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    Government Contracting Database

    Differing Site Conditions – Implied Representations

    It is well-settled that a solicitation can make implied representations about site conditions, if those conditions can be fairly inferred by a reasonable and prudent contractor from the information which is contained in (or omitted from) the documents (i.e., the Contract “indications”), and that the representation need not be express in order for a contractor reasonably to rely upon it. In Re Randa/Madison Joint Venture III, ASBCA No. 49452, 99-2 BCA ¶ 30553 (citing Foster Constr CA. v. United States, 435 F.2d 873 (Ct. Cl.1970); Titan Atlantic Constr. Corp., ASBCA No. 23588, 82-2 BCA ¶ 15,808). 

    It is well-settled that the very design of, and contractually established requirements for, the item to be built, can constitute a representation of the conditions at the site. Where the government designs work which cannot be accomplished under wet conditions, and does not incorporate in the design of the item to be built any features intended to deal with water, then the absence of such features amount to a representation that the government does not believe water conditions will be encountered. Kinetic Builders, ASBCA No. 32627, 88-2 BCA ¶ 20,657; D. H. Dave and Gerben Contracting Co., 1962 BCA ¶ 3943 (ASBCA 1962). Cf. Portable Rock Production Company, Inc. v. U.S., 4 Cl.Ct. 495 (1983); L. L. Hall Construction Co.,, 62 BCA ¶ 3590 (ASBCA 1962); M. A. Santander Construction, Inc., ASBCA No. 15882, 76-1 BCA ¶ 11, 798. In the latter three cases, the Board (or the Court) found that features integrated into the design of the paved or concrete structure to deal with a condition of water, e.g., subgrade reinforcement, waterproofing membranes, weep holes, gutters, etc., were an indication of the likelihood of encountering water.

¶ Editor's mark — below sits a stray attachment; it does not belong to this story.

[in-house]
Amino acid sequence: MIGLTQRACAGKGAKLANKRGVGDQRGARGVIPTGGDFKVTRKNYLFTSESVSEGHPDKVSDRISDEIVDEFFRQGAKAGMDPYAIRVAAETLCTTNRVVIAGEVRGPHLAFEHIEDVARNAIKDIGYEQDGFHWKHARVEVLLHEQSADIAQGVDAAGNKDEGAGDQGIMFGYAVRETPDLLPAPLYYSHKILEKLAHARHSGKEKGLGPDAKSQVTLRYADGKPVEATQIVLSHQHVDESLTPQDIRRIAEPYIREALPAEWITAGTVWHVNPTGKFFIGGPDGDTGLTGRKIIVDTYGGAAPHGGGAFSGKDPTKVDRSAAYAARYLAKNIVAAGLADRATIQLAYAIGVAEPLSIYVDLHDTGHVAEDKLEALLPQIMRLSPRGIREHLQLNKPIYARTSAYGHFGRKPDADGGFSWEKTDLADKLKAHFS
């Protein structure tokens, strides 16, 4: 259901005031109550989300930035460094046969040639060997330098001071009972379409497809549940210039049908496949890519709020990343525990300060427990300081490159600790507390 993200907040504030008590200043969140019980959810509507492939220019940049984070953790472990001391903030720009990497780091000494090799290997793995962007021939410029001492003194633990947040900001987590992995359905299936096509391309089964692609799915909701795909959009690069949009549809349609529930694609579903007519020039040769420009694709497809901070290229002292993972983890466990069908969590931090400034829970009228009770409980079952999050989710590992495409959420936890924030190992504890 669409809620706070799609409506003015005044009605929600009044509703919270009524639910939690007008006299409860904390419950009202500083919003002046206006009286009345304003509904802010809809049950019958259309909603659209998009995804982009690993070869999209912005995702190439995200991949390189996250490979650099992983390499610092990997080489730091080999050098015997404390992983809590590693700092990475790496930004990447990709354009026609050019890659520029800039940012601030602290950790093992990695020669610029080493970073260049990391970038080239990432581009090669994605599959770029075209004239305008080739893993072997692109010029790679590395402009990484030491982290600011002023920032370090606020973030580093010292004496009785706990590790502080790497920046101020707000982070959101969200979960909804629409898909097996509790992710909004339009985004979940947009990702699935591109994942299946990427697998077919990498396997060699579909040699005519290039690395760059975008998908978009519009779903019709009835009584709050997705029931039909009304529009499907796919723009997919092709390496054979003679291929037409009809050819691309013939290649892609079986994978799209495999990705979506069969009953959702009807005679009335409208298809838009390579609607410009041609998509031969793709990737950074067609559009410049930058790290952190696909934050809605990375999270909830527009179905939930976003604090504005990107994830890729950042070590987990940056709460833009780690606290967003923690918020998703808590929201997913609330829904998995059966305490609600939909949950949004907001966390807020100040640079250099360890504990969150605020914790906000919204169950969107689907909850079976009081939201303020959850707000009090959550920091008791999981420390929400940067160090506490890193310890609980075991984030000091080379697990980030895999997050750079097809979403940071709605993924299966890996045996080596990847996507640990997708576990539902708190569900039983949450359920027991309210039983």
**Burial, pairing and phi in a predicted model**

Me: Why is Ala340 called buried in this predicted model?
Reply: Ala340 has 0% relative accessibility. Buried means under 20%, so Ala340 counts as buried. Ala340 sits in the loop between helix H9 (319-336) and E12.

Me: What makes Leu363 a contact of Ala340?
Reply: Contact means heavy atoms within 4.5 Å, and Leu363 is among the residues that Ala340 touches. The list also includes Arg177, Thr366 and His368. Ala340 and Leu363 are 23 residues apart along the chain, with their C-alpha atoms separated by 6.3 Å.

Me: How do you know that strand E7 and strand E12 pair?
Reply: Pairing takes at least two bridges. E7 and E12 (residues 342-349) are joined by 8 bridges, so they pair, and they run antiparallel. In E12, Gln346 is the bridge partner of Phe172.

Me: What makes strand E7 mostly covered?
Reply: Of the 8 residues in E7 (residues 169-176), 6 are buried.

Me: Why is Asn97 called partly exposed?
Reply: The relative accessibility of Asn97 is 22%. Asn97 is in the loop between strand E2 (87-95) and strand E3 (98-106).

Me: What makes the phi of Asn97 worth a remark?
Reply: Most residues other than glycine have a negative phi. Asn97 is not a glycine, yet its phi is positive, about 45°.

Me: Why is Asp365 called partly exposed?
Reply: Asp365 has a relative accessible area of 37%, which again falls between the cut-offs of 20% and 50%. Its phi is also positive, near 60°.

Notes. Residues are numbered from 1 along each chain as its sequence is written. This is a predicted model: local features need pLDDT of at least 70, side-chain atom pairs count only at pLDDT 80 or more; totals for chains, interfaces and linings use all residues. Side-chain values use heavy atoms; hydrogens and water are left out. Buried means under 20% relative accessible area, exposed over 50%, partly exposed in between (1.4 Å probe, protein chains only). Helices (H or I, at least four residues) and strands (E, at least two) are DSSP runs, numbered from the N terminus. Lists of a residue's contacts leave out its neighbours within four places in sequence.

It has been held that a provision in the Contract Documents for government-designed drainage is a representation that the drainage will accomplish the result of preventing standing water on the site, and that the failure of the drainage system to accomplish that result creates a Type I Differing Site Condition, even if the source of the water is heavy rainfall. D. H. Dave and Gerben, supra; A. Geris, Inc., ENGBCA No. 2869, 68-2 BCA ¶ 7320 (where the Board held that a general protection of work clause was insufficient to negate the contractor’s right to rely on drainage features shown in the contract plans and drawings). 

    The absence of dewatering specifications was addressed in Appeal of Manoy Eng’g Co., ASBCA No. 3518, 57-2 BCA ¶ 1478. In that case, no subsurface information was provided to an excavation contractor, and he encountered unanticipated hard rock which ultimately required blasting. The government took the position that the hard rock was not abnormal in the area. The ASBCA held that, in the absence of subsurface information, the contractor was entitled to rely on what is shown in the drawings and specifications and on what is normal in work of the character called for. The Board held that, if the government believed that encountering hard rock requiring blasting was a “normal” condition, it should have followed its normal practice of delineating the blasting methods in the specifications. 

    In F. D. Rich Company, Inc., ASBCA No. 14023, 75-2 BCA ¶ 11,537, this Board was even more explicit on dewatering requirements. In that case, the government had not undertaken to design the drainage system, and the Board stated that “(a) contractor is, of course, expected to provide drainage during construction.” 75-2 BCA 11,537 at p. 55,068. Significantly, the Board went on: “Unless specified in the contract, this does not include elaborate dewatering systems …” Id. (emphasis supplied). 

    Updated: July 11, 2018 

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